Drawing Adventure Notes
My newest drawing adventure started in late December 2018. I visited my sister and her family in Alabama. My great nephew is becoming a good drawing student. The two of us had the opportunity to get out into a nature park together to draw a tree. It sparked a renewed interest in drawing for me. I had been a drawing major in art school and drew as a medium for a few years after art school. I soon was persuaded to take up painting to improve my sales and have been a long time painter. In those days, nobody made any money off drawing. I think that has now changed.
I have been doing a series of 4×6 inch drawings for about four months now and many sell. I am starting to see some improvement in technique as I practice daily. I have far to go to get back the technique that I felt was natural for me back in younger days. RA has damages my fingers a bit and I have occasional tremors in my hands, but the muscle memory is gradually improving.
I have been experimenting with a variety of brands of graphite pencils. There are differences in quality to be sure. As a painter, I’ve always been fond of a full range of values from the darkest to lightest possibilities. I think that probably comes from my past as a drawer. In fact, that only occurred to me recently, which emphasizes the true importance of graphite drawing as a support for painting well. Drawing is where we learn to use values successfully because we cannot use the crutch of color.
I find that I enjoy graphite the most, of all drawing materials. I sometimes use colored pencils to tint the drawing wth pale color, but I don’t really like colored pencil very much. I believe it is the waxy feel of them. That is not to say that colored pencil cannot be spectacular in experienced hands. My old friend Jeffrey Smart Baisden is a master of that medium. I’m not fond of charcoal either. It is messy.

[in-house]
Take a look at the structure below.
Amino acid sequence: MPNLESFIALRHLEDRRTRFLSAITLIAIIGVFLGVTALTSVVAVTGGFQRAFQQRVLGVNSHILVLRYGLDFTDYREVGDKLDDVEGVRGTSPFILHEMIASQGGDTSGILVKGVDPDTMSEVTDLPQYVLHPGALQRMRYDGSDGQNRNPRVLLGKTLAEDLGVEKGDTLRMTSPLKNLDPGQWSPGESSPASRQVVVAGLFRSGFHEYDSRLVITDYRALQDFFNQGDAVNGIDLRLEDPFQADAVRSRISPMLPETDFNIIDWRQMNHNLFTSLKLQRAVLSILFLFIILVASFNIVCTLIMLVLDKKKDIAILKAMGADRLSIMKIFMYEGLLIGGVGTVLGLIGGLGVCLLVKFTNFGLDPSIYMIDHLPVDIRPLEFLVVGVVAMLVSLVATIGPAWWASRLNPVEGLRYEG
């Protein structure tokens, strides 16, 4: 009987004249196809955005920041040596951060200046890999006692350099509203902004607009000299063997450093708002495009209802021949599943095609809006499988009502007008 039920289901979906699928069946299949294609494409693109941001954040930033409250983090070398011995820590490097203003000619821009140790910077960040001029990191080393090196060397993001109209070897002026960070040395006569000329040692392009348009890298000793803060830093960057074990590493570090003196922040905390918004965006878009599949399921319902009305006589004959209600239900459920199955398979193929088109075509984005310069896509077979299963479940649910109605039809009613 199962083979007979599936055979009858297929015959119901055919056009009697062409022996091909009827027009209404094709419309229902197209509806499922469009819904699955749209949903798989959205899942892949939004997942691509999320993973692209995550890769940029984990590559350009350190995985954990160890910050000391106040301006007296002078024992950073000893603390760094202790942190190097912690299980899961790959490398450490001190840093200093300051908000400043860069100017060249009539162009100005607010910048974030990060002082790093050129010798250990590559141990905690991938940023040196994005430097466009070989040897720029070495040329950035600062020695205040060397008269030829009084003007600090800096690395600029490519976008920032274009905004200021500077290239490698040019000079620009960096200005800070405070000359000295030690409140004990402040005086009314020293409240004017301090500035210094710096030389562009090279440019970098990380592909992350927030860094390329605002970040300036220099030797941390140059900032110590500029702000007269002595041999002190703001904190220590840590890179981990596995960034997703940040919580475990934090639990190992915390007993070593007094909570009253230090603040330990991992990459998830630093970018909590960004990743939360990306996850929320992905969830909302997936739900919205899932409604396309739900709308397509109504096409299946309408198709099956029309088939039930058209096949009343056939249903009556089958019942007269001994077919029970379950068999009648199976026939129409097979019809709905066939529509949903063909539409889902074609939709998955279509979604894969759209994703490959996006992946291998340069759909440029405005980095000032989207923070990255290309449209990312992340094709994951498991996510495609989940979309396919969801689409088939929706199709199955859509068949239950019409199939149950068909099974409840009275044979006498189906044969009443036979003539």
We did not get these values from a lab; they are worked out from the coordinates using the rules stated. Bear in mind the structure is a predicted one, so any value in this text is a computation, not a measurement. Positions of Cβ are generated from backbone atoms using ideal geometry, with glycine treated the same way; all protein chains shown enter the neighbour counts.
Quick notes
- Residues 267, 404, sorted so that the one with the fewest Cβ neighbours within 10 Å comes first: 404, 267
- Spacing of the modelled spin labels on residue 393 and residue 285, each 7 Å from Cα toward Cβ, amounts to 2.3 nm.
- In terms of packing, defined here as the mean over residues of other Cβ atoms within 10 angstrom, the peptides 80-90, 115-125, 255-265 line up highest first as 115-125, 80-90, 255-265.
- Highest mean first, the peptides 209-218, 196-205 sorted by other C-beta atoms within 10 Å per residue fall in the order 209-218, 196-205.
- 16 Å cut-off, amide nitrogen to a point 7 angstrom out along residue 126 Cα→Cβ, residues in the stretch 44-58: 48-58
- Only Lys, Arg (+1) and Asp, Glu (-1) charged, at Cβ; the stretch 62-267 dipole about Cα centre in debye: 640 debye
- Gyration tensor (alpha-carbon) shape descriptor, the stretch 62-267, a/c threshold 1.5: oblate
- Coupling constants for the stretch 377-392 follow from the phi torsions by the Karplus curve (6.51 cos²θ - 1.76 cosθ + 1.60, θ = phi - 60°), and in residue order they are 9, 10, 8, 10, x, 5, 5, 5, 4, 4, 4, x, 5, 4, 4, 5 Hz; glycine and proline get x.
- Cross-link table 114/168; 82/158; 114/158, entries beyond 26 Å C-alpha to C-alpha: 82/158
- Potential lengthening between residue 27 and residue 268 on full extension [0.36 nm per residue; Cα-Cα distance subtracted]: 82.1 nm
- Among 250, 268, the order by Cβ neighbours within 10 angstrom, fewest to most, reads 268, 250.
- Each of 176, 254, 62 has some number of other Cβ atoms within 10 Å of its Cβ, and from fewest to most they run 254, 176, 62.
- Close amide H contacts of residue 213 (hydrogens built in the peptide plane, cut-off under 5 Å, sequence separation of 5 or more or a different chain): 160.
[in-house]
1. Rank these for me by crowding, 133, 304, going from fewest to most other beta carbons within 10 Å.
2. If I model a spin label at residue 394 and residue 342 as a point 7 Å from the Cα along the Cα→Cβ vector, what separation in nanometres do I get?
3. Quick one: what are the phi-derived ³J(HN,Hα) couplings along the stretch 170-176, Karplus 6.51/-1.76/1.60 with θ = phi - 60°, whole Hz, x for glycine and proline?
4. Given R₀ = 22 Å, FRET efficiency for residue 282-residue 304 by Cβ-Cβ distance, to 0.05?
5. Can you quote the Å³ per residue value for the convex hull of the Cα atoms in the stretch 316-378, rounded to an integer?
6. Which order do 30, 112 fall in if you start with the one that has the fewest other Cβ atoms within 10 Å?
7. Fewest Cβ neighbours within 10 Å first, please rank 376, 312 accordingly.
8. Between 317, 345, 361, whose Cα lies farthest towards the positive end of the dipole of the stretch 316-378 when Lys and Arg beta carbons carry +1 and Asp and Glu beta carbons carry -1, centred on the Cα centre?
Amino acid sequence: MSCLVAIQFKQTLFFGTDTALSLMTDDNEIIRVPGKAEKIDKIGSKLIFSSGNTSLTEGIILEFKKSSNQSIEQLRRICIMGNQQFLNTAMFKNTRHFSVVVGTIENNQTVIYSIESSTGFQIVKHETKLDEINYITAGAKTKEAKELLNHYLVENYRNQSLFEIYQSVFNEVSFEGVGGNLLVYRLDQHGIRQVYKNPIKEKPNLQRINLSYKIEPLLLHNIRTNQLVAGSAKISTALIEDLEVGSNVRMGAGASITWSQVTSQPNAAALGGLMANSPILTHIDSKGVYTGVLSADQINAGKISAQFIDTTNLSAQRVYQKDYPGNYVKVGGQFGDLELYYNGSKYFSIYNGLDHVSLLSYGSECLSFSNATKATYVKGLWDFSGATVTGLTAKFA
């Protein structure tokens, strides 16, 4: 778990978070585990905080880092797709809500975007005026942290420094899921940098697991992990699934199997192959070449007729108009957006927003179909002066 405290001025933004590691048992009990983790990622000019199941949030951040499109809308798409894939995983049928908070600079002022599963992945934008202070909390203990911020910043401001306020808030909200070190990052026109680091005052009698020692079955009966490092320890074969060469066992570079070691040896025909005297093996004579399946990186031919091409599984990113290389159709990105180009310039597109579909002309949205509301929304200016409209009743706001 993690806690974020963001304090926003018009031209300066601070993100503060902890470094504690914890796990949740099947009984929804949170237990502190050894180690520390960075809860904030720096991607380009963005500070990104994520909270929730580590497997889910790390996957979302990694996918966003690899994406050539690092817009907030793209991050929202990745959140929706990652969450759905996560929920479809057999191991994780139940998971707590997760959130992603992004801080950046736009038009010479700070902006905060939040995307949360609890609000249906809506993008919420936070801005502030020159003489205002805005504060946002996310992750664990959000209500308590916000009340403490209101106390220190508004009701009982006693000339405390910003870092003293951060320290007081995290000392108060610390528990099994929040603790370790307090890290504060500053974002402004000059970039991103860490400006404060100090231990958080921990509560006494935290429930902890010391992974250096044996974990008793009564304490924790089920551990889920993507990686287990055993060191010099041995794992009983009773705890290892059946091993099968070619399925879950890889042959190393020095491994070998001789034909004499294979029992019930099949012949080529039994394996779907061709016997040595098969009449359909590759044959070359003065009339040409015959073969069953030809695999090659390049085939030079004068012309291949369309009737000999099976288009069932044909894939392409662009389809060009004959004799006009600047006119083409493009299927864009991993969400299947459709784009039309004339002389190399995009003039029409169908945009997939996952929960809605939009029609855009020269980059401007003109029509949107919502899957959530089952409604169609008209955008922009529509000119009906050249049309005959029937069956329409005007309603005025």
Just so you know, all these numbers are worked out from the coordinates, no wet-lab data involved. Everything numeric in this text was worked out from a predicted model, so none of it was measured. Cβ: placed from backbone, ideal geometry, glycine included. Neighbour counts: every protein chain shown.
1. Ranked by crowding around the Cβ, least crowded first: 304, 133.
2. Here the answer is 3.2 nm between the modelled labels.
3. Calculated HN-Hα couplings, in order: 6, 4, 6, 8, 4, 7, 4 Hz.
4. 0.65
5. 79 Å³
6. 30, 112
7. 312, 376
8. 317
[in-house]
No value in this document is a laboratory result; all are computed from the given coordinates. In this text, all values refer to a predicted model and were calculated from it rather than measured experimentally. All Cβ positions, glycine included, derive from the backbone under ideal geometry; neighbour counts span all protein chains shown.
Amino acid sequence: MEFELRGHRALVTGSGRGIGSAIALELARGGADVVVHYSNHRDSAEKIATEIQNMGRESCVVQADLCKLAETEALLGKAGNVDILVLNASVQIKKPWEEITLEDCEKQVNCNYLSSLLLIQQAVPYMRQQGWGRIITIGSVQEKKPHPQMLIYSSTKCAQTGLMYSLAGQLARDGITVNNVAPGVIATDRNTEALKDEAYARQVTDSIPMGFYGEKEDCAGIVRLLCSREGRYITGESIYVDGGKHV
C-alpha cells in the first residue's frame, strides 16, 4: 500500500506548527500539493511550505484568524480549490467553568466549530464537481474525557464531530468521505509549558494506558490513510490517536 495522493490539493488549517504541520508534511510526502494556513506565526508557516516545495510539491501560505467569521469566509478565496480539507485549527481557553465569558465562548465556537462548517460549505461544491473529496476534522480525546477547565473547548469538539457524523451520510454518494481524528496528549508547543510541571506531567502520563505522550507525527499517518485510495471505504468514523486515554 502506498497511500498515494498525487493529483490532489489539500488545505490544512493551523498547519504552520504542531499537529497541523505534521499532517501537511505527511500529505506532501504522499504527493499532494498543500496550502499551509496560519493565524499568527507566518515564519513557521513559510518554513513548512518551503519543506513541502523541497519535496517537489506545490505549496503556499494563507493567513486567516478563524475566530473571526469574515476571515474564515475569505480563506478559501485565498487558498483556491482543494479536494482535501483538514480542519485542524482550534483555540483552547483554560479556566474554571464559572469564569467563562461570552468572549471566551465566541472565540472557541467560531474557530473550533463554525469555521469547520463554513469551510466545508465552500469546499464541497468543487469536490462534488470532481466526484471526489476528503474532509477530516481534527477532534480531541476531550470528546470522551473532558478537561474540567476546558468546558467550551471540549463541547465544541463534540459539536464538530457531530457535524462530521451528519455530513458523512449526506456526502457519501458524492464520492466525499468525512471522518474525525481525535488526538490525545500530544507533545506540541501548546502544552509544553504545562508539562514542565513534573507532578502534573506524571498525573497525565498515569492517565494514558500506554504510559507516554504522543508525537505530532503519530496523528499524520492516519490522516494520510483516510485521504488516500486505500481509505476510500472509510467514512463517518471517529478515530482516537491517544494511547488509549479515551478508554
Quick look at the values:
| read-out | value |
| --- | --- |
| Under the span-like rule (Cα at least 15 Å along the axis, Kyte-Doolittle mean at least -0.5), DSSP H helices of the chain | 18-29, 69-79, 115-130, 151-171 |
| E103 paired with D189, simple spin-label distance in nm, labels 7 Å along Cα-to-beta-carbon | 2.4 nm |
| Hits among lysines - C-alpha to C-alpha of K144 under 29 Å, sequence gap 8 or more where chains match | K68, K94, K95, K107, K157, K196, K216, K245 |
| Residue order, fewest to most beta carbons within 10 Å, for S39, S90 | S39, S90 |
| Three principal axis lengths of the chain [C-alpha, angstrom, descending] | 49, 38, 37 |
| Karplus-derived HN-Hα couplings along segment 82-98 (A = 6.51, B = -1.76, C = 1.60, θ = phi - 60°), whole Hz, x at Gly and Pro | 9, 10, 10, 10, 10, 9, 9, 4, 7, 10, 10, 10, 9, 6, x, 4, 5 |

I have been thinking of taking a graphite pencil workshop again and have that as a future goal. Old dogs can learn new tricks. As many of you know I am an individualist soul and don’t take much to popular trends. One of the biggest trends I see in pencil work is the idea that pencil should be very smooth, not showing hatching or individual strokes. I don’t really care for that. I like to see cross hatching and strokes in the work. One of my professors in art school did very rough work that gradually refined itself to the point of interest in his drawings and I loved his drawings. The were full of energy and movement, yet very refined in areas, so that you knew he was a master at his craft. I would aspire to that brilliance. Many of the pencil drawings I see, have a static overrefined finish where everything looks smooth and flat. I am much to chaotic to enjoy that. Somewhere in between rough and refined is my goal.
I hope within a year to have gained back much of my ability of the past and to begin to do larger, more complex drawings to add to my body of work. in the mean time, i cherish all of my papers, pencils and my new drawing table each afternoon while I pursue the arcane art of drawing.
More musings for artists and collectors to come….
1 teaspoon fresh thyme leaves
1 3/4 lb boneless, skinless chicken breasts
1/4 cup flour
2 tablespoons canola oil
1/2 cup white wine
Juice of 1 lemon
1 (14-oz) can quartered artichoke hearts (drained)
1/3 cup julienne-cut sun-dried tomatoes
2 tablespoons butter
2 tablespoons grated Parmesan cheese
Squeeze lemon for juice (1 tablespoon).
Cut chicken into 1-inch chunks.